This standard is met when results for indices of accuracy were reported for any pertinent demographic or clinical sub group (for example symptomatic versus asymptomatic patients).

Standard 3: Avoidance of workup bias

This form of bias can occur when patients with positive or negative diagnostic test results are preferentially referred to receive verification of diagnosis by the gold standard procedure.

The authors of the paper discuss this at length because of an early lack of agreement in applying the criteria for it. They give many examples. One was of a new DNA diagnostic test to detect the beast cancer gene administered to biopsy-positive breast cancer and to cancer-free controls. Since biopsy may be ordered preferentially in women with a family history of breast cancer, the group of "cases" will be enriched by a clinical factor which itself may be associated with the new DNA test.

For this standard to be met in cohort studies, all subjects had to be assigned to receive both the diagnostic test and the gold standard verification either by direct procedure or by clinical follow up. In case-control studies credit depended on whether the diagnostic test preceded or followed the gold standard procedure. If it preceded, credit was given if disease verification was obtained for a consecutive series of study subjects regardless of their diagnostic test result. If the diagnostic test followed, credit was given if test results were stratified according to the clinical factors which evoked the gold standard procedure.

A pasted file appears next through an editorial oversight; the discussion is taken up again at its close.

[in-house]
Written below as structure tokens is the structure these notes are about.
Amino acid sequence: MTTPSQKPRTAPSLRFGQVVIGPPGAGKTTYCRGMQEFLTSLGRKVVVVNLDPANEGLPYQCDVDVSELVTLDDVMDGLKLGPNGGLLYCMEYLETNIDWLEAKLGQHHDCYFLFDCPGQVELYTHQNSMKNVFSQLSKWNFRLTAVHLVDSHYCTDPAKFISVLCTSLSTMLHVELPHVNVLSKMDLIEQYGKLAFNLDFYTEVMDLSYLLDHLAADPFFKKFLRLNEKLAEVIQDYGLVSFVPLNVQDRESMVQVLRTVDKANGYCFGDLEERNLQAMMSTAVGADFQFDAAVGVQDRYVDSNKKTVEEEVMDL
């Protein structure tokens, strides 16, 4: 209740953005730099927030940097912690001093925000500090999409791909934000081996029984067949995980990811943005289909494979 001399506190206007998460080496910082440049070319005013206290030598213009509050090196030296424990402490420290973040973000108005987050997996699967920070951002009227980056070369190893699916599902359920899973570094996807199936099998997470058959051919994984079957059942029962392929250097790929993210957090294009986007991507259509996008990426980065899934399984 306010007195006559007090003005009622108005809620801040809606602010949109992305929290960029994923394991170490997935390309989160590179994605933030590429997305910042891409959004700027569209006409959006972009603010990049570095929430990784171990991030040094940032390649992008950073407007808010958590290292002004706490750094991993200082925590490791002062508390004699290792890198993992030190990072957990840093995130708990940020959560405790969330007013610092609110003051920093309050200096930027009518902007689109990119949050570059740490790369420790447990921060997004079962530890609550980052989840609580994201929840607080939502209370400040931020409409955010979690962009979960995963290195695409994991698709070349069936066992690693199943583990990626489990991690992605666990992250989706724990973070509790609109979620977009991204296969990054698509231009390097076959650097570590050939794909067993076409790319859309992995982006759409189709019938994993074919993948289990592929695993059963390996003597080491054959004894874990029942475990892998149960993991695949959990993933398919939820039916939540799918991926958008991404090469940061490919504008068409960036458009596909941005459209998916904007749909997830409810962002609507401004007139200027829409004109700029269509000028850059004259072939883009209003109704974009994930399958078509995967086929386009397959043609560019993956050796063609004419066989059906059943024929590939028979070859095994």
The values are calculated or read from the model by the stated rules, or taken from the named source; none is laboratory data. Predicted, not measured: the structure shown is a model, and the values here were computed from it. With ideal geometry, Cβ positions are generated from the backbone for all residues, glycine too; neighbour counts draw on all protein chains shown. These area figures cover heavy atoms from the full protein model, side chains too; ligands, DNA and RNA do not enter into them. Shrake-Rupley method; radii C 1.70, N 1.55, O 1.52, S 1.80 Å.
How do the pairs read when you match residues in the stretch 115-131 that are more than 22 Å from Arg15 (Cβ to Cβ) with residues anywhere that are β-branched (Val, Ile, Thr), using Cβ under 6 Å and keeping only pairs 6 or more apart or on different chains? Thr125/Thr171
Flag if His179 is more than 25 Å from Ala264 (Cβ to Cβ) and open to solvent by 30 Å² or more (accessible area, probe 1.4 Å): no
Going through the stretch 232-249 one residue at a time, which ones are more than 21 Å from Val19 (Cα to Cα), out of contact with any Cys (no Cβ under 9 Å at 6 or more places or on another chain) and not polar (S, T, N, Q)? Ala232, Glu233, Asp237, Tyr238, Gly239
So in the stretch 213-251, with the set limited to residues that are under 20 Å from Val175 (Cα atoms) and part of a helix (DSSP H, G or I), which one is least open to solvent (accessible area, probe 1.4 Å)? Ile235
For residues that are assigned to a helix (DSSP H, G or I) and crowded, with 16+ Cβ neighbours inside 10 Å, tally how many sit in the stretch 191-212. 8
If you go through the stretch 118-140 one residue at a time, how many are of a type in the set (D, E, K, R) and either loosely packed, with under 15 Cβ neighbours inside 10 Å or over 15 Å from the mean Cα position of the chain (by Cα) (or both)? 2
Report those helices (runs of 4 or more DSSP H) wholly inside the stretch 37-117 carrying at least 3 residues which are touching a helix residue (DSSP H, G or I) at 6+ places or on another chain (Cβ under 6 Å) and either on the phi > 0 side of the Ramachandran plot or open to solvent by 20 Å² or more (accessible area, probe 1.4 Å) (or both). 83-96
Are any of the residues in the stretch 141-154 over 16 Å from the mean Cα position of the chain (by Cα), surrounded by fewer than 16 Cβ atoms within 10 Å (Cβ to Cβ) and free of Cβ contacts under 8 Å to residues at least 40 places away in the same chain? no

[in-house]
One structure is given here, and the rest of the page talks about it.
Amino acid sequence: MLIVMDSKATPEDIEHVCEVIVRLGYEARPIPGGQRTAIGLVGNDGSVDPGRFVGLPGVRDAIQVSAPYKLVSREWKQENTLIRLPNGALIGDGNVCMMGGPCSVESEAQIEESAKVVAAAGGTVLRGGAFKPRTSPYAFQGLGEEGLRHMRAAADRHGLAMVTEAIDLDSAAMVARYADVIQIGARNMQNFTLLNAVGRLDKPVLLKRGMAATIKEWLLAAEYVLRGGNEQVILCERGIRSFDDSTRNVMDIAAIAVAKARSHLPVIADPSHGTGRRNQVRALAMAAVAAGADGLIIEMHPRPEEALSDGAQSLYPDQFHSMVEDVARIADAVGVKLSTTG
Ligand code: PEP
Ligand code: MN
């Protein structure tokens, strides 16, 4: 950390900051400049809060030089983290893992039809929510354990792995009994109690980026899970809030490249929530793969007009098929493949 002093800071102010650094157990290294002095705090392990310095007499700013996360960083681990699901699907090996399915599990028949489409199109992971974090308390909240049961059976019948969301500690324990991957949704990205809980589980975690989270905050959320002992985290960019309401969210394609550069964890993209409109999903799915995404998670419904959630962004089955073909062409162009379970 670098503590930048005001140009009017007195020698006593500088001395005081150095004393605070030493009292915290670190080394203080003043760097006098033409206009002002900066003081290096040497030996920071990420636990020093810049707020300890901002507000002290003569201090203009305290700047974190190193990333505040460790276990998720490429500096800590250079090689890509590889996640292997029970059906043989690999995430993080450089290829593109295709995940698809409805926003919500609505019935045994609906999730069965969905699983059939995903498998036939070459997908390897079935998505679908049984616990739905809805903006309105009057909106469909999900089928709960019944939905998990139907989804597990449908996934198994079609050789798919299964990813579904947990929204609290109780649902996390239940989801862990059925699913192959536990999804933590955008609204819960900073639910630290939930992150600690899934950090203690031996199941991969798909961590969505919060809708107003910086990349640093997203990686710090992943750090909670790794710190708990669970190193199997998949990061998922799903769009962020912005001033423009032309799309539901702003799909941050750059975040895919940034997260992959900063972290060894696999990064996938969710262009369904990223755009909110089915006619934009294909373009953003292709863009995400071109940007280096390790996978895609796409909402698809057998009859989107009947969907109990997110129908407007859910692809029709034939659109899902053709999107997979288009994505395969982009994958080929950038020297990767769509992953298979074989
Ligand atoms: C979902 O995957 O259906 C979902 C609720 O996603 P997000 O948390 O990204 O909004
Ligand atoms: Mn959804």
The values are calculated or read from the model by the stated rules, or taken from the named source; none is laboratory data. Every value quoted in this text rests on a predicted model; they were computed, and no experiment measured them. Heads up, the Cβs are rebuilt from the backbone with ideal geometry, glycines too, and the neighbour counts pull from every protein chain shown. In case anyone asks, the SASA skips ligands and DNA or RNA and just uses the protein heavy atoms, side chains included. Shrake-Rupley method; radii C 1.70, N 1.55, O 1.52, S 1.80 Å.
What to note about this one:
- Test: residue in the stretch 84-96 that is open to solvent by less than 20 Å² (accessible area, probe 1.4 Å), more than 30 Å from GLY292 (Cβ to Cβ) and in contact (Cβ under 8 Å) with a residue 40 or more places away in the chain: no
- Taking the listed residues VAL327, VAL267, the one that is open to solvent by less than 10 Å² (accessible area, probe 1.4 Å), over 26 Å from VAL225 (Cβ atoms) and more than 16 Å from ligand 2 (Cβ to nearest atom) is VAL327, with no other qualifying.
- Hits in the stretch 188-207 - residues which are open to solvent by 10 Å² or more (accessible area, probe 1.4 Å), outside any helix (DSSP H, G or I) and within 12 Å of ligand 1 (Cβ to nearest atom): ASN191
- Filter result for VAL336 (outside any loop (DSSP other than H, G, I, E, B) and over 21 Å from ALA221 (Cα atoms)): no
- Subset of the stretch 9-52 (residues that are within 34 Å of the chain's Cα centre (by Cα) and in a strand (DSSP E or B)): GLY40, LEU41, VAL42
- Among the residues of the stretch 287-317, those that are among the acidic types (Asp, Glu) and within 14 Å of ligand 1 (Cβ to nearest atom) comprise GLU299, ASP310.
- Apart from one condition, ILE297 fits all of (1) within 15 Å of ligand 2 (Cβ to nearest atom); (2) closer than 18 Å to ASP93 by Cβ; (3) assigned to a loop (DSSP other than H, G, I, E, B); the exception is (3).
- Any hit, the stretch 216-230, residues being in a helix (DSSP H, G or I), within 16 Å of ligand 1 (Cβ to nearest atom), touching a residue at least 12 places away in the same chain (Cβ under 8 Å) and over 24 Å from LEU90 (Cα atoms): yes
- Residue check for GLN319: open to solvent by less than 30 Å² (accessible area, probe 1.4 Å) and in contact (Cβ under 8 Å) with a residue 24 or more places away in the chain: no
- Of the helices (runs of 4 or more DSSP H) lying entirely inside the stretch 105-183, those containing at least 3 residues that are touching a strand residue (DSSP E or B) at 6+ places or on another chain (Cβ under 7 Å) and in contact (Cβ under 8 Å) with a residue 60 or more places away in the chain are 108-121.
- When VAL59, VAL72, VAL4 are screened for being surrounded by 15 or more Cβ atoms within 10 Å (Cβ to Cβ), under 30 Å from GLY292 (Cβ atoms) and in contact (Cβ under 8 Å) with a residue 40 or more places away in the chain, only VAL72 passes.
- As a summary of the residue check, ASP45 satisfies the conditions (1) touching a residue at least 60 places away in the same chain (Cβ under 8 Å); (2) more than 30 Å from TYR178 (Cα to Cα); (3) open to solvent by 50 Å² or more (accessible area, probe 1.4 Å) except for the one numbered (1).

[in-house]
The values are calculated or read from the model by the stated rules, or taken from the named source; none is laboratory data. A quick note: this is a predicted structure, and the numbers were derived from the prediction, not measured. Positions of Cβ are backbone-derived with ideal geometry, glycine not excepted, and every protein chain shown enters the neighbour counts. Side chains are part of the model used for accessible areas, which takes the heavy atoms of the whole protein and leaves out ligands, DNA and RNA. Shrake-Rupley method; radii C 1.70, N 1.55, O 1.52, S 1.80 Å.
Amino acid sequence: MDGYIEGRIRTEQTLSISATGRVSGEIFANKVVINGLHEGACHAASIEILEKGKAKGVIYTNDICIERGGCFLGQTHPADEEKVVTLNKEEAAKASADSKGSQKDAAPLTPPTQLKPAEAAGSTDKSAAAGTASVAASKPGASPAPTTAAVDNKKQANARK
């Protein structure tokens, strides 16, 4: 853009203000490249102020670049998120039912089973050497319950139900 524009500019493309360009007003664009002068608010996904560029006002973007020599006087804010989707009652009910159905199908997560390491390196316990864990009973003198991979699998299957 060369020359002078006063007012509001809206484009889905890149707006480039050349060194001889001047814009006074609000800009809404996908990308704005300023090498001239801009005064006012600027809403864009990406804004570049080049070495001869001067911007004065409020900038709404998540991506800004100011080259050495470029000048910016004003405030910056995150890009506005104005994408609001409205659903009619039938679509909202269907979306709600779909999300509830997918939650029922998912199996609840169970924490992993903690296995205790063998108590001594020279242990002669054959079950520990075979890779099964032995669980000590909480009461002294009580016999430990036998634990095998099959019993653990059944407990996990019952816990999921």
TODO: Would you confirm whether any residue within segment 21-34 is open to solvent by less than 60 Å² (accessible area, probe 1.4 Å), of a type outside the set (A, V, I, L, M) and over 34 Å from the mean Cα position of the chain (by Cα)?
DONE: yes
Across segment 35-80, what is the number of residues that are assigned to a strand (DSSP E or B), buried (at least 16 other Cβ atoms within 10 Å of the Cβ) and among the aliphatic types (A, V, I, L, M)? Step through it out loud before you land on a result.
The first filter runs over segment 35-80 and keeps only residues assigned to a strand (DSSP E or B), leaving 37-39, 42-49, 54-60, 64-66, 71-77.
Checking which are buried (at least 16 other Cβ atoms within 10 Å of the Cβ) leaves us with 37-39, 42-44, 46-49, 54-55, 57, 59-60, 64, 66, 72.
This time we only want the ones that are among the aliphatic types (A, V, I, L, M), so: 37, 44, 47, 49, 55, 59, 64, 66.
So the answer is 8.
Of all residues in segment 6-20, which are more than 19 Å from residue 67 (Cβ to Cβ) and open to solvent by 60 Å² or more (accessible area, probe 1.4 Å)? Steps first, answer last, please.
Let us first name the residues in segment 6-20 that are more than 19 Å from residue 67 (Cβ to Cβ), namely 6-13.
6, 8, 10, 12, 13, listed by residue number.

Standard 4: Avoidance of review bias

This form of bias can be introduced if the diagnostic test or the gold standard is appraised without precautions to achieve objectivity in their sequential interpretation - like blinding in clinical trials of a treatment. It can be avoided if the test and gold standard are interpreted separately by persons unaware of the results of the other.

For this standard to be met in either prospective cohort studies or case-control studies, a statement was required regarding the independent evaluation of the two tests.

Standard 5: Precision of results for test accuracy

The stability of sensitivity and specificity depends on how many patients have been evaluated. Like many other measures, the point estimate should have confidence intervals around it, which are easily calculated.

For this standard to be met, confidence intervals or standard errors must be quoted, regardless of magnitude.

Standard 6: Presentation of indeterminate test results

Not all tests come out with a yes or no answer. Sometimes they are equivocal, or indeterminate. The frequency of indeterminate results will limit a test's applicability, or make it cost more because further diagnostic procedures are needed. The frequency of indeterminate results and how they are used in calculations of test performance represent critically important information about the test's clinical effectiveness.